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<the big one>

THURSDAY

MY ROOM ON THE 21st FLOOR looks out over the Mississippi River and a parking lot. I knock back Advil and herbal supplements.

Glenn Davis, Dori Smith, Cameron Barret and I wander into the French Quarter, lunching in the New Orleans equivalent of a New York diner. It's not the culinary experience the Big Easy is famed for, but the company is what counts.

Later we attend a speech by Tim Bray, co-author of XML 1.0. I've worked with Tim for two years but we've never met in person. He's a fine speaker and rather dashing.

For a visual person, I seem to have a completely untrustworthy visual memory. I keep running into Dan Shafer, the guiding light behind Builder.com and this conference. We met in New York two years ago, but memory and reality don't mesh. I recall Dan as having long white hair, when in fact it is short and brown. I hope I am never called to the witness stand. I wonder if I am hallucinating.

To fight the flu, I return to my room and sleep 'til nine, declining party and dinner invitations.

At 9:15 p.m., I meet Glenn in the hall where we'll co-host Open Mike Night. A Builder.com tradition, the session consists of two hosts rapidly and sardonically critiquing sites submitted by audience members. At midnight, winners drawn at random will receive valuable prizes. Problem is, nobody arranged for prizes. While I slept, Glenn solved the problem, seemingly by striding up to the likes of Macromedia and Adobe and saying, "I'm Glenn Davis. We need prizes."

Just before the session begins, I meet Dave Winer.

"You have to change the photo on your website," Dave Winer says. "You're much better looking in person. In the photo, you look like a guy who's falling apart."

"I am," I say.

The session begins.

Glenn is drinking beer onstage. I am not.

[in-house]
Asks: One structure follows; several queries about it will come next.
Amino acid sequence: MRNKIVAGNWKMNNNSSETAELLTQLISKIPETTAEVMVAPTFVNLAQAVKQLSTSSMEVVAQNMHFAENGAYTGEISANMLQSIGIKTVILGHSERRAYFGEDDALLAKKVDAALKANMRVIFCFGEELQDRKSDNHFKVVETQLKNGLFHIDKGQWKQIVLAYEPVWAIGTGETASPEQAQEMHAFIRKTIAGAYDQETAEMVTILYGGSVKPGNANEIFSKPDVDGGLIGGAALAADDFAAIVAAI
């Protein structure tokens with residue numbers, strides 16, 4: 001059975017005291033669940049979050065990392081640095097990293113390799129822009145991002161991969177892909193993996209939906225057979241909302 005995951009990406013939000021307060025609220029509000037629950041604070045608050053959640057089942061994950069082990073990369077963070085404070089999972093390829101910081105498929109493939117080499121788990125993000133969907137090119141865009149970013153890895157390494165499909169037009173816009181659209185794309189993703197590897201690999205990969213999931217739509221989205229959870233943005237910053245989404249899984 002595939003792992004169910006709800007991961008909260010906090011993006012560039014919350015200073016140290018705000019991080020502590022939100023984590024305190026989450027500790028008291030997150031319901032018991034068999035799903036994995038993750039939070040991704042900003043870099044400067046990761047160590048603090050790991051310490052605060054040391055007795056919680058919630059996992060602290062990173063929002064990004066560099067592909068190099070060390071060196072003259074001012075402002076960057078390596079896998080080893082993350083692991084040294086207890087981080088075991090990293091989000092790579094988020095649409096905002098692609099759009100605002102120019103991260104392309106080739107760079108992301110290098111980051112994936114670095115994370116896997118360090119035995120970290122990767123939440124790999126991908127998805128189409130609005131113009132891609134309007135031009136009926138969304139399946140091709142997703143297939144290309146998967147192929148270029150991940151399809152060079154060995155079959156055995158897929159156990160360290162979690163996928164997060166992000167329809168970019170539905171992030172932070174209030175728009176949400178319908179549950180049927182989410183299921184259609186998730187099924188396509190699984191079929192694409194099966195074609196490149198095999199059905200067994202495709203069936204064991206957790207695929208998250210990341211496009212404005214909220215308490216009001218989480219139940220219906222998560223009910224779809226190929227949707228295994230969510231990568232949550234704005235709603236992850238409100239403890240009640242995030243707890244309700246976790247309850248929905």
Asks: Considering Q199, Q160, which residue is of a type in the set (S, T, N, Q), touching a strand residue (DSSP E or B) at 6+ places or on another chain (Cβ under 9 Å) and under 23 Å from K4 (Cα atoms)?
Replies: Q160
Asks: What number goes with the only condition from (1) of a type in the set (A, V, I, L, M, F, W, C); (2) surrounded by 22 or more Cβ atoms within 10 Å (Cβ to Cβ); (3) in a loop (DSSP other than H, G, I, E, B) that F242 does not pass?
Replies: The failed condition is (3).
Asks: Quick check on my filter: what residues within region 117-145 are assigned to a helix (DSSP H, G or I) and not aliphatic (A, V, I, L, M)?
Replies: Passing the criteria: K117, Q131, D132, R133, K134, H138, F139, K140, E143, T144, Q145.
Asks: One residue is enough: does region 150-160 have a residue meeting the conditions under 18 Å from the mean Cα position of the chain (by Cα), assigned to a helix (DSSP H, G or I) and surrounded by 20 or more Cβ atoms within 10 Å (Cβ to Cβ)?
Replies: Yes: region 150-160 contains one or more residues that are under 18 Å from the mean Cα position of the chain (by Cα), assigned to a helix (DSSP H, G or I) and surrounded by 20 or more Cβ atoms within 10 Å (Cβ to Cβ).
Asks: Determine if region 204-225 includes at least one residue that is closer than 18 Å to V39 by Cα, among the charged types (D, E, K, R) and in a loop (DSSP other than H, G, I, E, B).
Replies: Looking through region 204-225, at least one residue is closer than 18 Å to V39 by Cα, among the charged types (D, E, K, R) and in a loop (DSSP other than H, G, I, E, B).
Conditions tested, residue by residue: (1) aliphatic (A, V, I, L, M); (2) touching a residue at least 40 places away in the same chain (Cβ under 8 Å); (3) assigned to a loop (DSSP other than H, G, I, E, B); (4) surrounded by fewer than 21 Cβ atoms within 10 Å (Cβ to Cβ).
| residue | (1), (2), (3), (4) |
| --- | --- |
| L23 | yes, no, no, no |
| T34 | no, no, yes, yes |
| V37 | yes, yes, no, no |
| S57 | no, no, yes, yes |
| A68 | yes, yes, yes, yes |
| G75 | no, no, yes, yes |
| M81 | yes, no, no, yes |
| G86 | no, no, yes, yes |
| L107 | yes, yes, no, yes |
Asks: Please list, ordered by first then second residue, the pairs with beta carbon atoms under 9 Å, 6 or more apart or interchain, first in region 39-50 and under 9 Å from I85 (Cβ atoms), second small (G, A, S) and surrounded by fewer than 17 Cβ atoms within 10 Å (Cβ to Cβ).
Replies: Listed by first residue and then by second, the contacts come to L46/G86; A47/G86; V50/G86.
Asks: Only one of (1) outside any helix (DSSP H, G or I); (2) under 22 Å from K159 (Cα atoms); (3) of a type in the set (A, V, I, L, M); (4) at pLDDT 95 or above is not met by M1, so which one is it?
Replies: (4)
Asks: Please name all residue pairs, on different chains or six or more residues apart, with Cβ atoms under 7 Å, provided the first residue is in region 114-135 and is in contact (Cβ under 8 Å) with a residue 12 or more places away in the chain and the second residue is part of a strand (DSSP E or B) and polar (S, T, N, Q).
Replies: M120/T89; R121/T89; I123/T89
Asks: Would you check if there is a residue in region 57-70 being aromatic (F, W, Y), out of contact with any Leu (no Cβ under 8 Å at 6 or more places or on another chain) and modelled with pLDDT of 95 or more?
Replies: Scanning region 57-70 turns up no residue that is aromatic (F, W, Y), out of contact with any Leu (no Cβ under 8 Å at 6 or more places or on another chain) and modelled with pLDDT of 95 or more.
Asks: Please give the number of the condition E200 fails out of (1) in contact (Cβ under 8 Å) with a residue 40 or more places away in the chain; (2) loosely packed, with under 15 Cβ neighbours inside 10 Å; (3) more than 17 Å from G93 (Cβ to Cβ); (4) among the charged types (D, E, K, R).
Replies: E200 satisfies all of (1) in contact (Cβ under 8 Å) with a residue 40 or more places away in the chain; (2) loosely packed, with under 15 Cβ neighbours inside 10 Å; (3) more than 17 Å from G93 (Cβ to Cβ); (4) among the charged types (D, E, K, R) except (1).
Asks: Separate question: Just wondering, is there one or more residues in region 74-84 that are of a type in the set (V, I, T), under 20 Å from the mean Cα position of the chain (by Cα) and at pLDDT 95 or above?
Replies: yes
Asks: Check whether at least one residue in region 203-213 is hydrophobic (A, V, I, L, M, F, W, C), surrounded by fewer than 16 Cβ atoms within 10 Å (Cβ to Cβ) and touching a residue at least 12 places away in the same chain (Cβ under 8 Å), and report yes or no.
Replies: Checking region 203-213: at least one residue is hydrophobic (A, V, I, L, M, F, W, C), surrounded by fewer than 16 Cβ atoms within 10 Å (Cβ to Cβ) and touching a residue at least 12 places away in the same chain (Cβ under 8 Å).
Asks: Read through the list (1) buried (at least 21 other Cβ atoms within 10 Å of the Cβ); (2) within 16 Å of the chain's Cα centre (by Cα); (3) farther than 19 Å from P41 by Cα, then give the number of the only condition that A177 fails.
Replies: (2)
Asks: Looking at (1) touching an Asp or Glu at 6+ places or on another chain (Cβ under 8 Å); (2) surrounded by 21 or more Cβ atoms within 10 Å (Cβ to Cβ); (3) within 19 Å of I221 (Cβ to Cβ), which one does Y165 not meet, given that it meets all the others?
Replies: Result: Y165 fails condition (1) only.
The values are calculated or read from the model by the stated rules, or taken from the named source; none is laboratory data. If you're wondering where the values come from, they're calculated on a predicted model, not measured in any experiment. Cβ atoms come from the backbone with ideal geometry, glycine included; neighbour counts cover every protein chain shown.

"Jeffrey is my straight man," Glenn tells the crowd.

"Literally," I say.

Glenn and I critique sites 'til midnight. Though we do this in a loose, jocular fashion, plenty of real information is dispensed. Glenn has been around since the days before the <BLINK> tag, mentoring just about everybody who's ever built a website. He's quick to find technical flaws in most of the submitted sites. The main thing I notice is how few sites plunge viewers into their content. As an industry, we seem to have grasped the mechanics, but not how to immediately engage the heart and mind.

After midnight, we hand out prizes, and the session breaks up. As we leave the room, a gentleman resembling Ichabod Crane tells me, "I liked your sense of aesthetics."

Conference coordinator Robert Scoble invites Glenn and me to late dinner in the Quarter. Robert is a wonderful guy who's gone out of his way to help me in the past. I reluctantly decline his invitation because of my flu, hoping for Room Service soup and a night's sleep.

Back in my room, I discover that Room Service has closed for the night.

Feeling feverish, I descend to the lobby, which boasts six restaurants. They too are closed.

A cop in front of the hotel tells me the only place serving take-out food at this time of night is Harrah's Casino. Weak and trembling, I go there. It's a hellish labyrinth of leisure suits and gambling machines, beeping, humming, and blinking.

After 45 minutes I locate Harrah's take-out concession. It's called Lucky Dog and serves boiled sausages. I do not eat meat. And even if I did, boiled sausages would not be what the doctor ordered.

I return to my hotel room, open the mini-bar, and dine on V-8 juice, pretzels, and bottled water. Cost of mini-bar dinner: $15. I wonder if I will actually get to experience New Orleans before this trip ends. »

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